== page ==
Blogs

Reuther Library receives Michigan Humanities Council Grant

(354) Riots, Rebellions, Civil Unrest, Detroit, July 1967

The Reuther Library is proud to announce that it has been awarded a Humanities Grant from the Michigan Humanities Council. The grant will support an exhibit of selected materials related to Detroit’s 1967 Civil Unrest, taken from the Reuther's over 40 archival collections on the topic. The exhibit will be installed in the Reuther Library’s atrium in April 2017 and will be accompanied by a web exhibit and document sets for use in K-12 classrooms. Visitors will learn about analyzing archival material and begin to understand the archive as a place that belongs to the community it serves.  read more »

Oral History Heroes: Millie Jeffrey

Portraits, Mildred Jeffrey, Undated

As the Oral History Project Archivist at the Reuther Library, my job is to arrange and describe our oral history collections so researchers can find them -- work that has been made possible by a National Historical Publications and Records Commission (NHPRC) Documenting Democracy grant awarded to the library in 2014. I’ve come to greatly admire many of the interviewees, and to be fascinated by their life stories and accomplishments. In a series of blog posts, I’ll tell about some of my “oral history heroes” and what makes them special to me.  read more »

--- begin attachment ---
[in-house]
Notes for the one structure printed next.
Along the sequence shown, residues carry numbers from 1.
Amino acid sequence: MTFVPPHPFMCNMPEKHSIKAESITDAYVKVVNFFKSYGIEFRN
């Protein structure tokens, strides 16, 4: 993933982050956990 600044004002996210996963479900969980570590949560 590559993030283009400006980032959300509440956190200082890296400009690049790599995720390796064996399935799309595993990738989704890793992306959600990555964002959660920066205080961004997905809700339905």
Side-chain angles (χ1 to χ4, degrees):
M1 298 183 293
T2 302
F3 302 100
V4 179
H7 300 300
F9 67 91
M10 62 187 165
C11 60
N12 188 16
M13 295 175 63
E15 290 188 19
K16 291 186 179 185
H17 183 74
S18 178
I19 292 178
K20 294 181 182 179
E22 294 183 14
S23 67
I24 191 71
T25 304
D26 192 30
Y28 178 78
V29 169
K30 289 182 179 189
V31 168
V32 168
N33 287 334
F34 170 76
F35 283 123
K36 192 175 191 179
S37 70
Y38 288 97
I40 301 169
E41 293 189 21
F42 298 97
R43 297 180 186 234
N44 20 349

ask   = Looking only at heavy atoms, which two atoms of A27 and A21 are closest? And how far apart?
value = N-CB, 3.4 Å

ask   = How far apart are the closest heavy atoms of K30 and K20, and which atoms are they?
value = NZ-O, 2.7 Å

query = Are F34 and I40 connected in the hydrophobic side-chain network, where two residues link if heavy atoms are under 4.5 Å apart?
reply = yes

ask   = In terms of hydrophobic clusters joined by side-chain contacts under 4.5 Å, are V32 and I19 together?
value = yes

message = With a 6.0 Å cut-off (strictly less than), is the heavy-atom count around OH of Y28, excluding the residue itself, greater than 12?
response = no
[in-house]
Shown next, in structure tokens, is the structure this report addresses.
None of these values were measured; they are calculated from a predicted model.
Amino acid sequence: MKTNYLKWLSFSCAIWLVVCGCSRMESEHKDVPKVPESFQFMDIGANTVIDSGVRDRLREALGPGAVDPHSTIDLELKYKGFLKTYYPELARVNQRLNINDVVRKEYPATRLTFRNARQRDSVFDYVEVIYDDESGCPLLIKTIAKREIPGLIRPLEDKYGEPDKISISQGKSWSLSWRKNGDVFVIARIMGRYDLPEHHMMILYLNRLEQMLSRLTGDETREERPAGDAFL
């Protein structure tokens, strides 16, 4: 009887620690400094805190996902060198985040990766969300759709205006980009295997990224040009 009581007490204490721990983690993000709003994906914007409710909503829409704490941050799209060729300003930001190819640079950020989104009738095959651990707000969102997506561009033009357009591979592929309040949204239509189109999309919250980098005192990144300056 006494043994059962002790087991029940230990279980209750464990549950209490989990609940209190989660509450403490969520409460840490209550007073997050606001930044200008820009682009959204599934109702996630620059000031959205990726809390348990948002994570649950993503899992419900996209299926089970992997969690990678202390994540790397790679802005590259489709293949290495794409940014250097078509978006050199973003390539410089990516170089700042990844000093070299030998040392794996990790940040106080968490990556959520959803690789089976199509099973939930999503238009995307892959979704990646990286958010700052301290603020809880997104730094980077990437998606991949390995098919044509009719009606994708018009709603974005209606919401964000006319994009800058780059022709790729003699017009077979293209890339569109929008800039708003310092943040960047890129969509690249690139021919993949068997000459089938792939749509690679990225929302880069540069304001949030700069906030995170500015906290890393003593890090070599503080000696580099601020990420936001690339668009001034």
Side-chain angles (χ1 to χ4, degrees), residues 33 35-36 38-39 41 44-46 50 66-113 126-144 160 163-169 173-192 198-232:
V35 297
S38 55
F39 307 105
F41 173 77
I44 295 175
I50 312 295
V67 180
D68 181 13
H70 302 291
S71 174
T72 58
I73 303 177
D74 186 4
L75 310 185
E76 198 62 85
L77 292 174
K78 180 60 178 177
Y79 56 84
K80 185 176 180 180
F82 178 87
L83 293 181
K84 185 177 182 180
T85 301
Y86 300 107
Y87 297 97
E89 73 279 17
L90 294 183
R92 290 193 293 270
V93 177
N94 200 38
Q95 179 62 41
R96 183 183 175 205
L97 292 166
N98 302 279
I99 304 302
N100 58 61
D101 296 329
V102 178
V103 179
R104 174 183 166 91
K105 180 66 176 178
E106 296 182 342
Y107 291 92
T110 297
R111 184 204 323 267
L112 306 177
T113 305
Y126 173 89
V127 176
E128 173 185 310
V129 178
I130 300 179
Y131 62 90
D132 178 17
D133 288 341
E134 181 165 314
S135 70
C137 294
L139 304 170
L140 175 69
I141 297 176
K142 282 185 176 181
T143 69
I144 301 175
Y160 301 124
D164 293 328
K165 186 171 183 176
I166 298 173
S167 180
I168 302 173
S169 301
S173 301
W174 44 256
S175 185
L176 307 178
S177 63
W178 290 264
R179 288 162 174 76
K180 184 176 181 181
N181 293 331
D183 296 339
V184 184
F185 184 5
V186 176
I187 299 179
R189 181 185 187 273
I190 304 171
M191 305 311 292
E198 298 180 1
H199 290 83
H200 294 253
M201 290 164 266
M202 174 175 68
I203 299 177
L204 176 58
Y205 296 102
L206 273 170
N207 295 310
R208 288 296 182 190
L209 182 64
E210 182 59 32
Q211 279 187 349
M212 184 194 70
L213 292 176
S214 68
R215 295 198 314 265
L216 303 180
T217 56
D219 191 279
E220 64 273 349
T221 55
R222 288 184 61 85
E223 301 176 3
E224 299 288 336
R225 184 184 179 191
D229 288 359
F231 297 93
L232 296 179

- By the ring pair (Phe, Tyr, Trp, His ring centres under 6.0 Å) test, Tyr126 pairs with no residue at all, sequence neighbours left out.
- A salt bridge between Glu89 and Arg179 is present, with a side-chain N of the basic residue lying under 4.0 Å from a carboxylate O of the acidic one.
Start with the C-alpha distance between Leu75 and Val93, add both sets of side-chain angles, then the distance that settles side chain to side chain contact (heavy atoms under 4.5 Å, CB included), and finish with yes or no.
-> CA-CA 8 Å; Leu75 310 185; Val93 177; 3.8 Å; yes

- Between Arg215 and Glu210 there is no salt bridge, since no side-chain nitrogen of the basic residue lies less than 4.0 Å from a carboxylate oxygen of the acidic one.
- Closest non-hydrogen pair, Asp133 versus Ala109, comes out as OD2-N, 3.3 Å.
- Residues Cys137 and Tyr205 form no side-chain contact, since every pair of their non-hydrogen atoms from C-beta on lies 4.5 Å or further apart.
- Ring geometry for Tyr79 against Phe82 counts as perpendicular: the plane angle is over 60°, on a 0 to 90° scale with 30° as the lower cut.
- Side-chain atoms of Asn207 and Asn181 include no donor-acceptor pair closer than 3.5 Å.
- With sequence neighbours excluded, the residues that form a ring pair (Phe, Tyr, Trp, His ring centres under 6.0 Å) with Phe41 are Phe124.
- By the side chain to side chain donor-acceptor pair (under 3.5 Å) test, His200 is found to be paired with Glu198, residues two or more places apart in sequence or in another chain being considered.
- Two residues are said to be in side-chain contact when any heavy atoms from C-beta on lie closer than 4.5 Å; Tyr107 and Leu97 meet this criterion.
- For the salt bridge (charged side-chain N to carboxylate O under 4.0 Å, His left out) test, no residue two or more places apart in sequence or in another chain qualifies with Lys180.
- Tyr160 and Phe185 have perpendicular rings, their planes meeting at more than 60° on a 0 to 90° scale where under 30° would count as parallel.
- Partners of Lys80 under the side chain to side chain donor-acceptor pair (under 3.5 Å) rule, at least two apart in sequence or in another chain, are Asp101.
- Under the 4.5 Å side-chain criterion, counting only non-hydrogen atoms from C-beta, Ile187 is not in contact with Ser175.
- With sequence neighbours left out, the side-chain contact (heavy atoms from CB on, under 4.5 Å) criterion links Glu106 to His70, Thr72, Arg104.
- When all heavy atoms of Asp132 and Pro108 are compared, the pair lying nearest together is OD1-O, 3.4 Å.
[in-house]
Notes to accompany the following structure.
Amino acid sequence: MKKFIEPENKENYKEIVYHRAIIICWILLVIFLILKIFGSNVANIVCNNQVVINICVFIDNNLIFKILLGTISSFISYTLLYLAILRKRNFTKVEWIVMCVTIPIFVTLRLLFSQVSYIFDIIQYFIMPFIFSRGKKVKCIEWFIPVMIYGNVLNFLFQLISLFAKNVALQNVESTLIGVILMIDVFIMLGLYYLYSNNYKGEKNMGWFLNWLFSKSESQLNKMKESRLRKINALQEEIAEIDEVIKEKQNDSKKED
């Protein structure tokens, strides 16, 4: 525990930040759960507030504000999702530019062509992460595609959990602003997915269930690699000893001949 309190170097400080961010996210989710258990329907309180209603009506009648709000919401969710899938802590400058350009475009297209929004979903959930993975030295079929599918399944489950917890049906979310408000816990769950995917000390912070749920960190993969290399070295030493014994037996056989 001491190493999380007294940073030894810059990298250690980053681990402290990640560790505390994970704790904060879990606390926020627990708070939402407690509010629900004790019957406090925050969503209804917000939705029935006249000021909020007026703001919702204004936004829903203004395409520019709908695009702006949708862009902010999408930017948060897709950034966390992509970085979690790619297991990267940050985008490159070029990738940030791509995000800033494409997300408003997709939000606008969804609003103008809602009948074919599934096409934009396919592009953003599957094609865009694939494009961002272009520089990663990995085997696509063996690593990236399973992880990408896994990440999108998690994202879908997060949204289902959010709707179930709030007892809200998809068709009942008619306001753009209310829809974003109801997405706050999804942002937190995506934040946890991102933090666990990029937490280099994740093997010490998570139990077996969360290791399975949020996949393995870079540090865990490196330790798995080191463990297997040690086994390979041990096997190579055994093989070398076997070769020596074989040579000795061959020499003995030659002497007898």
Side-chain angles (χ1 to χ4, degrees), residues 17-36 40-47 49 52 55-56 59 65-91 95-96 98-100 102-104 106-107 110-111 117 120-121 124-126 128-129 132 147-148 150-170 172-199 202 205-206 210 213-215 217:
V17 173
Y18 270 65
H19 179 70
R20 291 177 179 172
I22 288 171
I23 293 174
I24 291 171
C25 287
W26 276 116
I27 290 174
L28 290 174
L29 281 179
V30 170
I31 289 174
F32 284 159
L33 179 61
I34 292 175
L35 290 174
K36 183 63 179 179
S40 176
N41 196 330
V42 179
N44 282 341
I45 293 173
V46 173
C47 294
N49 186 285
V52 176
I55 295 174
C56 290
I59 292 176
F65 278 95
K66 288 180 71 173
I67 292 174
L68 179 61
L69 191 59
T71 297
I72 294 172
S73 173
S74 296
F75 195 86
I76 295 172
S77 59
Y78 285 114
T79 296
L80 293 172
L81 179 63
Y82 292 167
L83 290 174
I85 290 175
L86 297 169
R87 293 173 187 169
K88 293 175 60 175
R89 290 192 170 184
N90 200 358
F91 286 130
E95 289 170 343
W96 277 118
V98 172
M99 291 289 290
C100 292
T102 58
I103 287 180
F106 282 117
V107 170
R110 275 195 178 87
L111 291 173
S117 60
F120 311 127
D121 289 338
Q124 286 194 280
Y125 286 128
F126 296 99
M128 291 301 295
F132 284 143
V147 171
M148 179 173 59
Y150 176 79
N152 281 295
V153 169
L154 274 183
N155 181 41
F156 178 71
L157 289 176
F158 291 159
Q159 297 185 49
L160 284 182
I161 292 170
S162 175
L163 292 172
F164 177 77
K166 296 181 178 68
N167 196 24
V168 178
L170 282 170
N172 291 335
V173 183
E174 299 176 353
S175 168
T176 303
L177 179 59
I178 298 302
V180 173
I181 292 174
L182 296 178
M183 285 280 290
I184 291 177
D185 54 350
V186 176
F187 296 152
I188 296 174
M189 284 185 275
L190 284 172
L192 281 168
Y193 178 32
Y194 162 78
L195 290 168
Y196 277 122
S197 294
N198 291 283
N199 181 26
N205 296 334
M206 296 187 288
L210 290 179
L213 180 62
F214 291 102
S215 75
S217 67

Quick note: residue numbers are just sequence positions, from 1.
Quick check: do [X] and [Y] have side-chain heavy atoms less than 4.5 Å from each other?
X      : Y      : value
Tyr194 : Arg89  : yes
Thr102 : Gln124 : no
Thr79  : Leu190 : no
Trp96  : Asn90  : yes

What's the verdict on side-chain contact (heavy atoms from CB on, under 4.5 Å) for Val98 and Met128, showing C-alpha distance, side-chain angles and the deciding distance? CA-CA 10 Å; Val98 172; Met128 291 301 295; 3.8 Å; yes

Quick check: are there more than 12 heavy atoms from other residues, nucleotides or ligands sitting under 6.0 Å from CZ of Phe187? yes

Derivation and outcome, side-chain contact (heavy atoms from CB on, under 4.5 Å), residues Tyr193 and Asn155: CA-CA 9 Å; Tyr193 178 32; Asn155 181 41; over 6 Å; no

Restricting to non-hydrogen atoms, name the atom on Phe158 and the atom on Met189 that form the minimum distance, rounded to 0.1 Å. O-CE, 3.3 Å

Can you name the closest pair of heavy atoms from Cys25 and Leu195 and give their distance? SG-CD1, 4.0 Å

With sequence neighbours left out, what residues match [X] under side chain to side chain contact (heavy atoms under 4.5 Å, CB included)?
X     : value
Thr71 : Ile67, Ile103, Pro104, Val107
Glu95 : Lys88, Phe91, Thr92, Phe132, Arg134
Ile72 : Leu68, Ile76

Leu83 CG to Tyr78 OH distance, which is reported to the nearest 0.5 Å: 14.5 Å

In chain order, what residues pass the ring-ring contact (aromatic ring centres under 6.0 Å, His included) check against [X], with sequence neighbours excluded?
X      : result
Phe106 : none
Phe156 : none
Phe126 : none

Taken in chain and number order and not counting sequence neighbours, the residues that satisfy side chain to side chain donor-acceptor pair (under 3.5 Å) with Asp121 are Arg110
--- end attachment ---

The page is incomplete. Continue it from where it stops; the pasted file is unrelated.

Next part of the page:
Exhibit Announcement: Bruce Harkness Poletown Photographs

(31832) Poletown, Land Clearances, Children, Detroit, 1981

Visit the Reuther Library's Woodcock Wing gallery now through spring 2017 for an exhibition of photographs of Detroit's Poletown by photographer Bruce Harkness.  read more »

Winter Break—University Closure

The Walter P. Reuther Library of Labor and Urban Affairs will close at 4pm, December 23rd, 2016 for Winter Break. We'll return to our regular business hours on Tuesday, January 3rd, 2017. Please contact us if you have any questions. Ask An Archivist

Collection Spotlight: UAW Local 174 Mural

(35325) Local 174 Mural, "Untitled," 1937

In 1937, United Auto Workers Local 174 sponsored the creation of a series of murals to enliven their Union Hall and celebrate their rich, if relatively young, history. The resulting work proved to be one of the most memorable pieces of Detroit’s New Deal-era artwork.  read more »

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